"Where an arrested individual does not receive a probable cause determination within 48 hours, the calculus changes. In such a case, the arrested individual does not bear the burden of proving an unreasonable delay. Rather, the burden shifts to the government to demonstrate the existence of a bona fide emergency or other extraordinary circumstance. The fact that in a particular case it may take longer than 48 hours to consolidate pretrial proceedings does not qualify as an extraordinary circumstance. Nor, for that matter, do intervening weekends. A jurisdiction that chooses to offer combined proceedings must do so as soon as is reasonably feasible, but in no event later than 48 hours after arrest."
The Supreme Court's decisions in Gerstein and County of Riverside allow a flexible procedure under the Fourth Amendment to combine post-arrest probable cause determinations with other pretrial procedures, such as an arraignment, and to minimize the time that presumptively innocent individuals spend in jail after the completion of the administrative steps incident to a warrantless arrest. Although those decisions allow detention for completion of the administrative steps incident to a warrantless arrest, they do not involve blanket "minimum periods of detention" and specifically disapprove "delays for the purpose of gathering additional evidence to justify the arrest, a delay motivated by ill will against the arrested individual, or delay for delay's sake." County of Riverside, 114 L.Ed.2d at 63. The City's reliance on Gerstein and County of Riverside is misplaced, because those decisions do not involve an expedited procedure for release on bail in traffic cases, and blanket "minimum periods of detention, prior to release pending trial" for all DUI arrestees.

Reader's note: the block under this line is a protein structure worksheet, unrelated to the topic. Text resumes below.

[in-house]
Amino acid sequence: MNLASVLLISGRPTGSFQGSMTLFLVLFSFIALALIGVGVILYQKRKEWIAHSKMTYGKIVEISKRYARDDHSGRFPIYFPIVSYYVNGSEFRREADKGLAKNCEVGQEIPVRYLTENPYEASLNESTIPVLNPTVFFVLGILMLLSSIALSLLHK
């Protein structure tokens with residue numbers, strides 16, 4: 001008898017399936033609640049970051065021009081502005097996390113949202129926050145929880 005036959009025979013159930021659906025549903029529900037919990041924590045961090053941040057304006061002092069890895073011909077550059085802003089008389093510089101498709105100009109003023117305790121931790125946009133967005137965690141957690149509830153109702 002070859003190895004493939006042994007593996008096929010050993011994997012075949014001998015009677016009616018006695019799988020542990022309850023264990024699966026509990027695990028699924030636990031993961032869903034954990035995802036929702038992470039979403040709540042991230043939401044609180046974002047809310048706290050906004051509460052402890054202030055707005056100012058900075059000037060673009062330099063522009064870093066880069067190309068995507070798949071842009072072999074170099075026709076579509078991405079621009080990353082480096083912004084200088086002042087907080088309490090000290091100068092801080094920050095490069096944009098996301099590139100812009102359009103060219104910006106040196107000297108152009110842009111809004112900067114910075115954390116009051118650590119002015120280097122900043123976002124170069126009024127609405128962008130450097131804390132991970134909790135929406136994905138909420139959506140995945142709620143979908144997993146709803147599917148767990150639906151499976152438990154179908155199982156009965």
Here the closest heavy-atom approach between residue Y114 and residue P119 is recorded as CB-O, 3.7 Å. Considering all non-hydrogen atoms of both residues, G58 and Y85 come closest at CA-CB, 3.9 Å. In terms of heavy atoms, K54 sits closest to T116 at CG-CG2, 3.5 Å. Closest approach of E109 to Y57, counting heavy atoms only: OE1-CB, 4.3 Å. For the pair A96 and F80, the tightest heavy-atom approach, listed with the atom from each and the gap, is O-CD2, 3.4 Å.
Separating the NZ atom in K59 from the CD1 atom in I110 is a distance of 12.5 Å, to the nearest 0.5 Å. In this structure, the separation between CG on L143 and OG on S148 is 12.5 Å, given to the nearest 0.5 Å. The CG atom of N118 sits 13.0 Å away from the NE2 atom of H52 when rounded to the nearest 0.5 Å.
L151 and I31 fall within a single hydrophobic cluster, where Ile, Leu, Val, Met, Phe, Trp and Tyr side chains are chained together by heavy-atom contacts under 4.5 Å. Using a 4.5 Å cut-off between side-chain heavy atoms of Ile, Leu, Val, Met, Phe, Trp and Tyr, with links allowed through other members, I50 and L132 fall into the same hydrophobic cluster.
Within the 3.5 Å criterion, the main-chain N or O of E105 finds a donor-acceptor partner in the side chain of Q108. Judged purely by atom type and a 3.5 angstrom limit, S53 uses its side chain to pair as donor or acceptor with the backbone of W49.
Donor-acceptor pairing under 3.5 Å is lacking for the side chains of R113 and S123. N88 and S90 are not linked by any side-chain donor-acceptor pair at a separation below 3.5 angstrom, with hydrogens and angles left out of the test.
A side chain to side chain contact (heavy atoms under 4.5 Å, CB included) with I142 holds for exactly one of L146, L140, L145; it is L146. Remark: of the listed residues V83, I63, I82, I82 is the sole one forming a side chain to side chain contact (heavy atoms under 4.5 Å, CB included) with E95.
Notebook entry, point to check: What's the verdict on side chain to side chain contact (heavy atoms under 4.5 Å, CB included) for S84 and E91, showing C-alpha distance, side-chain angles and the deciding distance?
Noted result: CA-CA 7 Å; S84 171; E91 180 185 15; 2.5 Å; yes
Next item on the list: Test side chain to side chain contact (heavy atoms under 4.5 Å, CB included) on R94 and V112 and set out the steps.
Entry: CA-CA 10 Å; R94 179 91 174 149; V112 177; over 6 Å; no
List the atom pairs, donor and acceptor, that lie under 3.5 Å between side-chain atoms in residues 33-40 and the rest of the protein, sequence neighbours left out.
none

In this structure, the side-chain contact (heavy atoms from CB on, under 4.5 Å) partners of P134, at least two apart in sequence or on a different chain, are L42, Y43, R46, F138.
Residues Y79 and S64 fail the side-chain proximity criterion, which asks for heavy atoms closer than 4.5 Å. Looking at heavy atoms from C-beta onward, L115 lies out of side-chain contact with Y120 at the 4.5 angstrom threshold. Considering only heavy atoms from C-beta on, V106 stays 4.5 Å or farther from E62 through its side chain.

The City nevertheless argues that N.D.C.C. 29-08-02 authorizes the municipal court's order.3 The defendants respond that the municipal court's order violates their constitutional right to be released after they have posted bail. They argue that N.D.C.C. 29-08-02 dispenses with the requirement for a bail hearing and does not authorize detention of a DUI arrestee after bail has been posted.
Because we refrain from deciding constitutional issues if we can decide the case on appropriate, alternative grounds, Minot Daily News v. Holum, 380 N.W.2d 347 (N.D. 1986), we first consider whether N.D.C.C. 29-08-02 authorizes the municipal court's "release from custody" order. Because we
conclude it does not, we need not reach the constitutional issues.4
In construing statutes, our duty is to ascertain the legislature's intent. County of Stutsman v. State Historical Society, 371 N.W.2d 321 (N.D. 1985). We construe statutes on similar subjects to harmonize them, if possible, and to give full force and effect to legislative intent. Newland v. Job Service North Dakota, 460 N.W.2d 118 (N.D. 1990).
Section 29-08-02, N.D.C.C., says:
"Admission to bail defined — Delegation of authority by magistrate. Admission to bail is the order of a competent court or magistrate that the defendant be discharged from actual custody upon an undertaking with sufficient sureties for his appearance. Any magistrate or municipal judge in this state may in his discretion designate, authorize, and appoint an additional person or persons to arrange, receive, and approve bail in cases involving traffic violations." [Emphasis added].